2018-2019 Activity Report


TalkMathematical Career in Industry


Date: 12/03/2018

Number of Participants: 9

Speaker: Li Zhang, AiCure Company


Abstract:  In this activity, Li Zhang from AiCure Company shared her experiences throughout the career. She also gave some advice for mathematical graduate students who want to find jobs in industry.



2012-2013 Activity Report


TalkEnergetic Variational Approaches: Some Simple Examples


Date: 04/23/2013

Number of Participants:

Speaker: Chun Liu, Department of Mathematics, PSU




Talk: Tensor Product and its Applications in Physical Algorithms


Date: 04/02/2013

Number of Participants:

Speaker: Yufei Shen, Department of Physics, PSU 


Abstract: Quantum theory, in essence, is solving a differential equation called Schrödinger's Equation. For a strongly correlated system, this differential equation is notoriously hard to solve since the eigen-space becomes too big even for supercomputers. One method to solve it numerically is called Time Evolving Block Decimation (TEBD), which use Matrix Product State (MPS) to represent the space of eigenvectors. This method, by embracing quantum entanglement in the approximation, only keeps those eigenstates which are physically significant, thus greatly reduces computational cost. I will also show some results of this method by solving the Bose-Hubbard Hamiltonian.



Talk: Algebraic Multigrid Method and Its Parallelization


Date: 02/12/2013

Number of Participants:

Speaker: Xiaozhe Hu, Department of Mathematics, PSU


Abstract: Developing parallel algorithms for solving large-scale sparse linear systems is an important and challenging task in scientific computing and practical applications. In this talk, I will introduce the unsmoothed aggregation algebraic multigrid method for solving large-scale linear systems. I will give theoretical justifications of its optimality for model problems and its parallelization, especially on GPUs. Two different parallel approaches will be discussed and numerical results will be presented to demonstrate their efficiency.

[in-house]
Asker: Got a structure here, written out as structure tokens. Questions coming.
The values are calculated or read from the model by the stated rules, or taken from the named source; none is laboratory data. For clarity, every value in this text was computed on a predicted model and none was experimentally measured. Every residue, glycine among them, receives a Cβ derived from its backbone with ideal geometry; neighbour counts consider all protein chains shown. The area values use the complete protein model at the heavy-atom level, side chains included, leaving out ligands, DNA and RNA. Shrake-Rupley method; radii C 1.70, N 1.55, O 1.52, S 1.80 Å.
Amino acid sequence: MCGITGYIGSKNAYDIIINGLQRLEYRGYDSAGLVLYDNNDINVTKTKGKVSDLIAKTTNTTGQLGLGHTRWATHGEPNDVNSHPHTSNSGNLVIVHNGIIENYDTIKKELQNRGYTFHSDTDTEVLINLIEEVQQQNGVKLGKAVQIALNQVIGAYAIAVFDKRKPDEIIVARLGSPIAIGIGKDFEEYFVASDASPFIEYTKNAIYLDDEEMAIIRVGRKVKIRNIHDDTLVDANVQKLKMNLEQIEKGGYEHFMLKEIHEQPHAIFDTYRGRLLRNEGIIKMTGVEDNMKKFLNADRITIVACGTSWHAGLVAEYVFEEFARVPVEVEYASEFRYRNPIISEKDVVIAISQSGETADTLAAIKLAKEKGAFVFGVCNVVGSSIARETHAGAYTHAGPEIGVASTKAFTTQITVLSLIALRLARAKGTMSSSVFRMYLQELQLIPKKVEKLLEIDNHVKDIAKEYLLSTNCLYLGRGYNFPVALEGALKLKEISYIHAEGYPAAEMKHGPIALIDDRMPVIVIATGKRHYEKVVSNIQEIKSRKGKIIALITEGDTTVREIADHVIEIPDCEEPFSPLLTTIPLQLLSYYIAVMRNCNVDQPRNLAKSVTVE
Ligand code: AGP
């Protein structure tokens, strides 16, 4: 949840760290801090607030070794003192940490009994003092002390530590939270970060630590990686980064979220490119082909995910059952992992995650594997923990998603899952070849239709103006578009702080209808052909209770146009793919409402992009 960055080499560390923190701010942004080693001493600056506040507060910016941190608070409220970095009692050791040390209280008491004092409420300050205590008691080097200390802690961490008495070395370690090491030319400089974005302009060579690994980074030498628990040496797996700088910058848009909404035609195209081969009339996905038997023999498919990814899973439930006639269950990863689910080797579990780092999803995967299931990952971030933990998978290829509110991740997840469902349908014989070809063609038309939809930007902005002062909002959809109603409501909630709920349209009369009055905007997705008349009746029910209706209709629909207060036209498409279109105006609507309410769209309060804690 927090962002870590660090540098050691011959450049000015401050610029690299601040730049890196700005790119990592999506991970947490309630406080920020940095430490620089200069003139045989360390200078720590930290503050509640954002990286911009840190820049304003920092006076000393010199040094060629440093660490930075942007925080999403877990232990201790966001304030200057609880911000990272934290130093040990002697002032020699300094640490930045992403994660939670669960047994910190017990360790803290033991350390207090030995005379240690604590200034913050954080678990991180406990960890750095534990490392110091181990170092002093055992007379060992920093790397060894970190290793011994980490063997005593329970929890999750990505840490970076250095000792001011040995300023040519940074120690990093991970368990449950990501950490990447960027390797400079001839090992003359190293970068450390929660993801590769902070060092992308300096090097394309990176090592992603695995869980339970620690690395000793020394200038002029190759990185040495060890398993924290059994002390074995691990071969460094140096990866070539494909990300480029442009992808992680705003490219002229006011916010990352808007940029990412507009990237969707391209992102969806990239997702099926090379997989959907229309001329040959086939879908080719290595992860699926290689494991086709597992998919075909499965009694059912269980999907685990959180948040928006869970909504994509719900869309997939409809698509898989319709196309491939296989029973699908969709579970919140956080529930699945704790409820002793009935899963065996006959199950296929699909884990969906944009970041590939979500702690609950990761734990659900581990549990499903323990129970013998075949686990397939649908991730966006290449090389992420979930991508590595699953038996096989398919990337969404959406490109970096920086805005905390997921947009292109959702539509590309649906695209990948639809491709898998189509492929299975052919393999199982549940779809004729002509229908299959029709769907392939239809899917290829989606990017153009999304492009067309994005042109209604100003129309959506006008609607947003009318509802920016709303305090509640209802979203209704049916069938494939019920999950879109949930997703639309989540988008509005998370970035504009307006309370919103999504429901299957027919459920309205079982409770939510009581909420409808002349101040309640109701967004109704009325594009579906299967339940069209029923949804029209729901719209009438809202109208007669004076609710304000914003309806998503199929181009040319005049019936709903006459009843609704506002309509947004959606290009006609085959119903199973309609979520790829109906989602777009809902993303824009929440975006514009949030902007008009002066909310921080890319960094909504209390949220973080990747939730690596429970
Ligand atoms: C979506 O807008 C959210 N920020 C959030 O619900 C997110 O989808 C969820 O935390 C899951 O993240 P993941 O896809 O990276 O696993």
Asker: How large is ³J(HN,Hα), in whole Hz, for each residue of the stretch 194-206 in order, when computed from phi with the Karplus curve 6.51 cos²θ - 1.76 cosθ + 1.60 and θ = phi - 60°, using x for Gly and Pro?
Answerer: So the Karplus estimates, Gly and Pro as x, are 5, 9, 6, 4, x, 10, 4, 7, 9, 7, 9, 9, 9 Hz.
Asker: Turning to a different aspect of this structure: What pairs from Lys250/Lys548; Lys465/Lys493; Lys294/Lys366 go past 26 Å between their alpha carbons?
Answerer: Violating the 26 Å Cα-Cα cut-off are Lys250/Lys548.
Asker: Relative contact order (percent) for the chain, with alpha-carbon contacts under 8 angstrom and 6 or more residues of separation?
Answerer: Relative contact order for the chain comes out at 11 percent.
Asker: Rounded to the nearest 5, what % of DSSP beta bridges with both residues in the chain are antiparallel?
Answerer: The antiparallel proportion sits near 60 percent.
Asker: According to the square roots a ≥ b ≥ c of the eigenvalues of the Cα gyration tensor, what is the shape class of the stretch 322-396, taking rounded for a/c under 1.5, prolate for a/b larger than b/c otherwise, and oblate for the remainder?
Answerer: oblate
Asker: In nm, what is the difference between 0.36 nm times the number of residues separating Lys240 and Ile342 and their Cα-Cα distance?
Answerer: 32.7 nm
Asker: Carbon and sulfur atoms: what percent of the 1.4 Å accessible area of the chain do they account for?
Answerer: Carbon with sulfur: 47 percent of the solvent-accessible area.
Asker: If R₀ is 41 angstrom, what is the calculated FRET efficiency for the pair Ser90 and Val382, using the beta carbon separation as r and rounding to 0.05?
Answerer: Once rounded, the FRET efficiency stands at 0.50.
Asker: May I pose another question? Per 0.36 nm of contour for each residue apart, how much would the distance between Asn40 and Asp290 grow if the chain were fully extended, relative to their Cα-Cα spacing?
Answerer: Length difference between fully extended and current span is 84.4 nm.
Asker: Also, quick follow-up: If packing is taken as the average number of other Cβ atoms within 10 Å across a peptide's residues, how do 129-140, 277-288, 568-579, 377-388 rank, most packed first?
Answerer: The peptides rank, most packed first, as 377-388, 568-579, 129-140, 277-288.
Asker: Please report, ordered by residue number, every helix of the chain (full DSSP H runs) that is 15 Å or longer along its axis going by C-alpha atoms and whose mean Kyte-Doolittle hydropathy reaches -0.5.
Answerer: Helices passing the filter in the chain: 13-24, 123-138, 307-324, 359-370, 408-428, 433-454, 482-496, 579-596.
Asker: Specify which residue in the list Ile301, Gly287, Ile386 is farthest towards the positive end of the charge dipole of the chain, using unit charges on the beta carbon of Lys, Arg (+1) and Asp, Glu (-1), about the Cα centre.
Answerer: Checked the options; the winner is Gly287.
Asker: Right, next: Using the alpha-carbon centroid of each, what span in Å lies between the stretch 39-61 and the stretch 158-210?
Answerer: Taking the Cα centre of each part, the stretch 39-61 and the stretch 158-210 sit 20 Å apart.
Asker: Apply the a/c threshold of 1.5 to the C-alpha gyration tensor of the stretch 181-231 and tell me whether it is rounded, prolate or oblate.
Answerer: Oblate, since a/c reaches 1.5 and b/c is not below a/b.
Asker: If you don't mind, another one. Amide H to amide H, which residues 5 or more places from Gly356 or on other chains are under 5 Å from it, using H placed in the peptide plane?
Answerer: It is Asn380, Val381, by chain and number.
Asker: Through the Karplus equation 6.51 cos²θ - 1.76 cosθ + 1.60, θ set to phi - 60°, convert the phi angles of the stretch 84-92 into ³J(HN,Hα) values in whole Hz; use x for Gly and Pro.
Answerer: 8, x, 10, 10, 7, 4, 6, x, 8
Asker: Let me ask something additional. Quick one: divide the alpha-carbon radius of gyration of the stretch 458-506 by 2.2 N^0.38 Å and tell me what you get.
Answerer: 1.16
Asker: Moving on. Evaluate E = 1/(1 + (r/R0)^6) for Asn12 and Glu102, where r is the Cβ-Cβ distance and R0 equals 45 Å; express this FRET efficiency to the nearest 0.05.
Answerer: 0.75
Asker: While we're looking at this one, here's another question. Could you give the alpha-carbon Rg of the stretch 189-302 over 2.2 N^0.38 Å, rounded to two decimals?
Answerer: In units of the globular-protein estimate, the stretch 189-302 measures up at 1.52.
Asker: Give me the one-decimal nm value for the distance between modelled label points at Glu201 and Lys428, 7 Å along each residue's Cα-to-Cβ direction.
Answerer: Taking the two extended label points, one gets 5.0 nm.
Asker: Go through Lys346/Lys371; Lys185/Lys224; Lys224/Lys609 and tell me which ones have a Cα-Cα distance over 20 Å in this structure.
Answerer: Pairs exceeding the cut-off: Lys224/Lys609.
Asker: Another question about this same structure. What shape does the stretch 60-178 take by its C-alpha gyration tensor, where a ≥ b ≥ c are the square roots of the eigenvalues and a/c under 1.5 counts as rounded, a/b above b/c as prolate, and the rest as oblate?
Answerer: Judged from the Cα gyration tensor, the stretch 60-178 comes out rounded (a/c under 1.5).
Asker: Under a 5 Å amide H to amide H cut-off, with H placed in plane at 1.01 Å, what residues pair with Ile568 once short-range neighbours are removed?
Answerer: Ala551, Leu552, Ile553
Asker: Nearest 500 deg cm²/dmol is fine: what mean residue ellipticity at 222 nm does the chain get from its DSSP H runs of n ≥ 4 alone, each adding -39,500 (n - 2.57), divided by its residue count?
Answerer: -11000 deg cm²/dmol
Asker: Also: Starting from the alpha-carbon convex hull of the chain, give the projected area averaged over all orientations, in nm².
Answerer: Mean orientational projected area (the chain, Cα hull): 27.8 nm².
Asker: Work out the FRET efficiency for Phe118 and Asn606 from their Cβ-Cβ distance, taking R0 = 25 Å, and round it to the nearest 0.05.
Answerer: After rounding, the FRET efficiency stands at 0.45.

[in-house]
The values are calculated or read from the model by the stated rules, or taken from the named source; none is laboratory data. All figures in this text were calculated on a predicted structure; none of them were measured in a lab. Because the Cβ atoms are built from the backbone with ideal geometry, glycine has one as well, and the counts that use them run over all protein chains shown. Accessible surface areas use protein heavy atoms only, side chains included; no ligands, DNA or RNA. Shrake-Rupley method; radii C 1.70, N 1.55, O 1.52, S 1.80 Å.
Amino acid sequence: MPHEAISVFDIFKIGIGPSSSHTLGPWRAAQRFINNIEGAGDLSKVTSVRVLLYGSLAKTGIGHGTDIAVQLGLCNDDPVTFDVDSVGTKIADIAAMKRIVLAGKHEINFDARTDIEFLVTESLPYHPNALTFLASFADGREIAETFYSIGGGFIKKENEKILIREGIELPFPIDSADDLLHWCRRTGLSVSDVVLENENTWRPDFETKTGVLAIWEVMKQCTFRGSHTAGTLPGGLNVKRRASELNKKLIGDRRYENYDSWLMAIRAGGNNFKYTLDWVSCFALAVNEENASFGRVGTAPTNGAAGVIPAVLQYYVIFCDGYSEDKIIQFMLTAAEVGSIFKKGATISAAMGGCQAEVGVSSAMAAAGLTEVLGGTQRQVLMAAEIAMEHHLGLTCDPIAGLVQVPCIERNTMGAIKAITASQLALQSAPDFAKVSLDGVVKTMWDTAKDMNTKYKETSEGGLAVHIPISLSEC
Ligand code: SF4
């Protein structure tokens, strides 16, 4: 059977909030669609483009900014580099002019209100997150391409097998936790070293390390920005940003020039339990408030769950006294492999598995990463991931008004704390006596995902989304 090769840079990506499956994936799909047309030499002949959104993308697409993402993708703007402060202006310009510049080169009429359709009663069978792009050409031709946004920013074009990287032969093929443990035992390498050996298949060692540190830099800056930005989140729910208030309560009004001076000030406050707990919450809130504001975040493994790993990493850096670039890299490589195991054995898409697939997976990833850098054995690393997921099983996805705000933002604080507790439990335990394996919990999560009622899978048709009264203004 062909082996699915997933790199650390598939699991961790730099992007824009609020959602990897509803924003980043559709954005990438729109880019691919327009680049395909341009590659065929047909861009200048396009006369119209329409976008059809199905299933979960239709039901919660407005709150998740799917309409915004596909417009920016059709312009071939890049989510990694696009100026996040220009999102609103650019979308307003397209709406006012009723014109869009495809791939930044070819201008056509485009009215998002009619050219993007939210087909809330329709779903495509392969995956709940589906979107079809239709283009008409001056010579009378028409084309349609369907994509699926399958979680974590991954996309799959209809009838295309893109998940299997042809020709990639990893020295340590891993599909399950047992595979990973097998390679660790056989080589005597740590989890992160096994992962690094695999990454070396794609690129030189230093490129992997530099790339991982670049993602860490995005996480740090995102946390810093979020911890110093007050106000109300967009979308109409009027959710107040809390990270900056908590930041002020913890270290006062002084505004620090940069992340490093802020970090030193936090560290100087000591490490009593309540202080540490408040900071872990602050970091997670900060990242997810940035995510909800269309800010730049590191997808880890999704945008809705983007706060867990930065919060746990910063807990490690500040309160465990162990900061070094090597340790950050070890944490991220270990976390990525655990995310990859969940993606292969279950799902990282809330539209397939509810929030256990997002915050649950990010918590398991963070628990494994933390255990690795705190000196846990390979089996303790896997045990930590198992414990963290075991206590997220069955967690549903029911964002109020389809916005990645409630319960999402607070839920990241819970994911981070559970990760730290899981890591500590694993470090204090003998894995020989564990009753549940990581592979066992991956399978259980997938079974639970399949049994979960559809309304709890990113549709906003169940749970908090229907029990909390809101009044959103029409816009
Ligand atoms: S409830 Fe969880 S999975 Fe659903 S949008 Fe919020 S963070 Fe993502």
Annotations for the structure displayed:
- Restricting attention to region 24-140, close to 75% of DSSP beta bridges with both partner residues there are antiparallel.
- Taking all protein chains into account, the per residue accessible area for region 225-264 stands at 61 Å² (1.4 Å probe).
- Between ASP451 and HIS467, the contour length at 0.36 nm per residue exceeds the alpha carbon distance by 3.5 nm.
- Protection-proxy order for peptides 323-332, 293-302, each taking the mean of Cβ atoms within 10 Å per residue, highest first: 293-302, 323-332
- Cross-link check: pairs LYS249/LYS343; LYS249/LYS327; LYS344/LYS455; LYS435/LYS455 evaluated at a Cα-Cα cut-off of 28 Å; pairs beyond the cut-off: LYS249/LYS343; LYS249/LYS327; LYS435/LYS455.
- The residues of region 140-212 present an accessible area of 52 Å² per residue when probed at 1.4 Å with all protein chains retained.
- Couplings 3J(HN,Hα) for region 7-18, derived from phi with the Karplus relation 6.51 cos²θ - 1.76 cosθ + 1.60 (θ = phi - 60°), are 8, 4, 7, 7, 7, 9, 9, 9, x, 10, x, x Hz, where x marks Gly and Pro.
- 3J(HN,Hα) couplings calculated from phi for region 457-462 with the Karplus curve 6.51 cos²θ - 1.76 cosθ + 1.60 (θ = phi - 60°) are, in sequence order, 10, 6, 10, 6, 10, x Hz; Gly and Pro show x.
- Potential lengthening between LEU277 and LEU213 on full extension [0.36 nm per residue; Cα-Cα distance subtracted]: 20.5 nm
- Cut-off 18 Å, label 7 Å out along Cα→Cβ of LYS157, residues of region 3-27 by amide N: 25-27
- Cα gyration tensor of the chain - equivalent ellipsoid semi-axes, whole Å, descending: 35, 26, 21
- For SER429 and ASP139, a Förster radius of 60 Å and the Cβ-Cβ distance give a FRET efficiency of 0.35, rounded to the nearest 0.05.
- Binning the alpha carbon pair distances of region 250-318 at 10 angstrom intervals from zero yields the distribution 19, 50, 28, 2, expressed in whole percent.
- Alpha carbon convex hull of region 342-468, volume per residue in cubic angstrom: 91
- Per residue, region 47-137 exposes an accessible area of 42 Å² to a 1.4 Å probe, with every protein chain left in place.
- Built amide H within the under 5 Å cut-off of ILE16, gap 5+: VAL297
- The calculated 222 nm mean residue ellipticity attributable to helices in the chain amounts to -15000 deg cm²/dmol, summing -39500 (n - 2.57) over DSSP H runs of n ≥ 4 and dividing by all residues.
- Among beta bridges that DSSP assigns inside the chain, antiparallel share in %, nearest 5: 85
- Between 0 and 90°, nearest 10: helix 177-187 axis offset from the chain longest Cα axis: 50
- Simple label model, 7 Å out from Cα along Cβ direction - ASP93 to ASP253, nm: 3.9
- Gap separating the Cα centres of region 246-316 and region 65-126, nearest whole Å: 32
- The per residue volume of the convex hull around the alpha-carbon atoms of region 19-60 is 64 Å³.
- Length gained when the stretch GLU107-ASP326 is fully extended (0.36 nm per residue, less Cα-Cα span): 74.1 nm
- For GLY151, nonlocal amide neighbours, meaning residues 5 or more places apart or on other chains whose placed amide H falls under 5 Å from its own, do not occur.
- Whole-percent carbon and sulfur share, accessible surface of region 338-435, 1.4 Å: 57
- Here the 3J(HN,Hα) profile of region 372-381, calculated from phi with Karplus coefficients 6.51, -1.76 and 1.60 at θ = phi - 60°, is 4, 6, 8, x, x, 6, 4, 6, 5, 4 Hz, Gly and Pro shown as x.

Activity: SIAM Student Chapter Election


Date: 12/13/2012

Number of Participants:


2011-2012 Activity Report From SIAM Student Chapter at PSU

  1. Talk: "The Introduction to Generalized Finite Element Methods".

Date:   11/17/2011

Number of participants: 14

Speaker: Qingqin Qu, Department of Mathematics, PSU


Abstract: The Generalized Finite Element Method is a Galerkin’s method using partition of unity to approximate the solution of a PDE. The GFEM differs from the standard FEM in the construction of the finite dimensional space. Instead of using piecewise polynomials on each element of the triangulation, we define the finite dimensional subspaceby using partition of unity which combines the local approximationspaces together in order to obtain the global GFEM space. As an extension of the standard FEM, the GFEM is especially convenient for dealing with complicated domains, corner singularities and transmission problems. We get quasi-optimal rates of convergence for the GFEM fortransmission problems and for PDE in polygonal domains.


2. Talk: SIAM Student Chapter Election

Date:   11/29/2011

Number of participants: 13

Speaker: Kun Zhou, Department of Mathematics, PSU


Description: The five students have been nominated to run the president of our chapter. They are Peter Gael, Zhan Huang, Chao Liang, Fei Cao and Ke Han.


3.  Talk: Ginzburg-Landau Model of Superconductivity with Prescribed Topological Degrees Date:   1/26/2012

Number of participants: 20

Speaker: Oleksandr Misiats, Department of Mathematics, PSU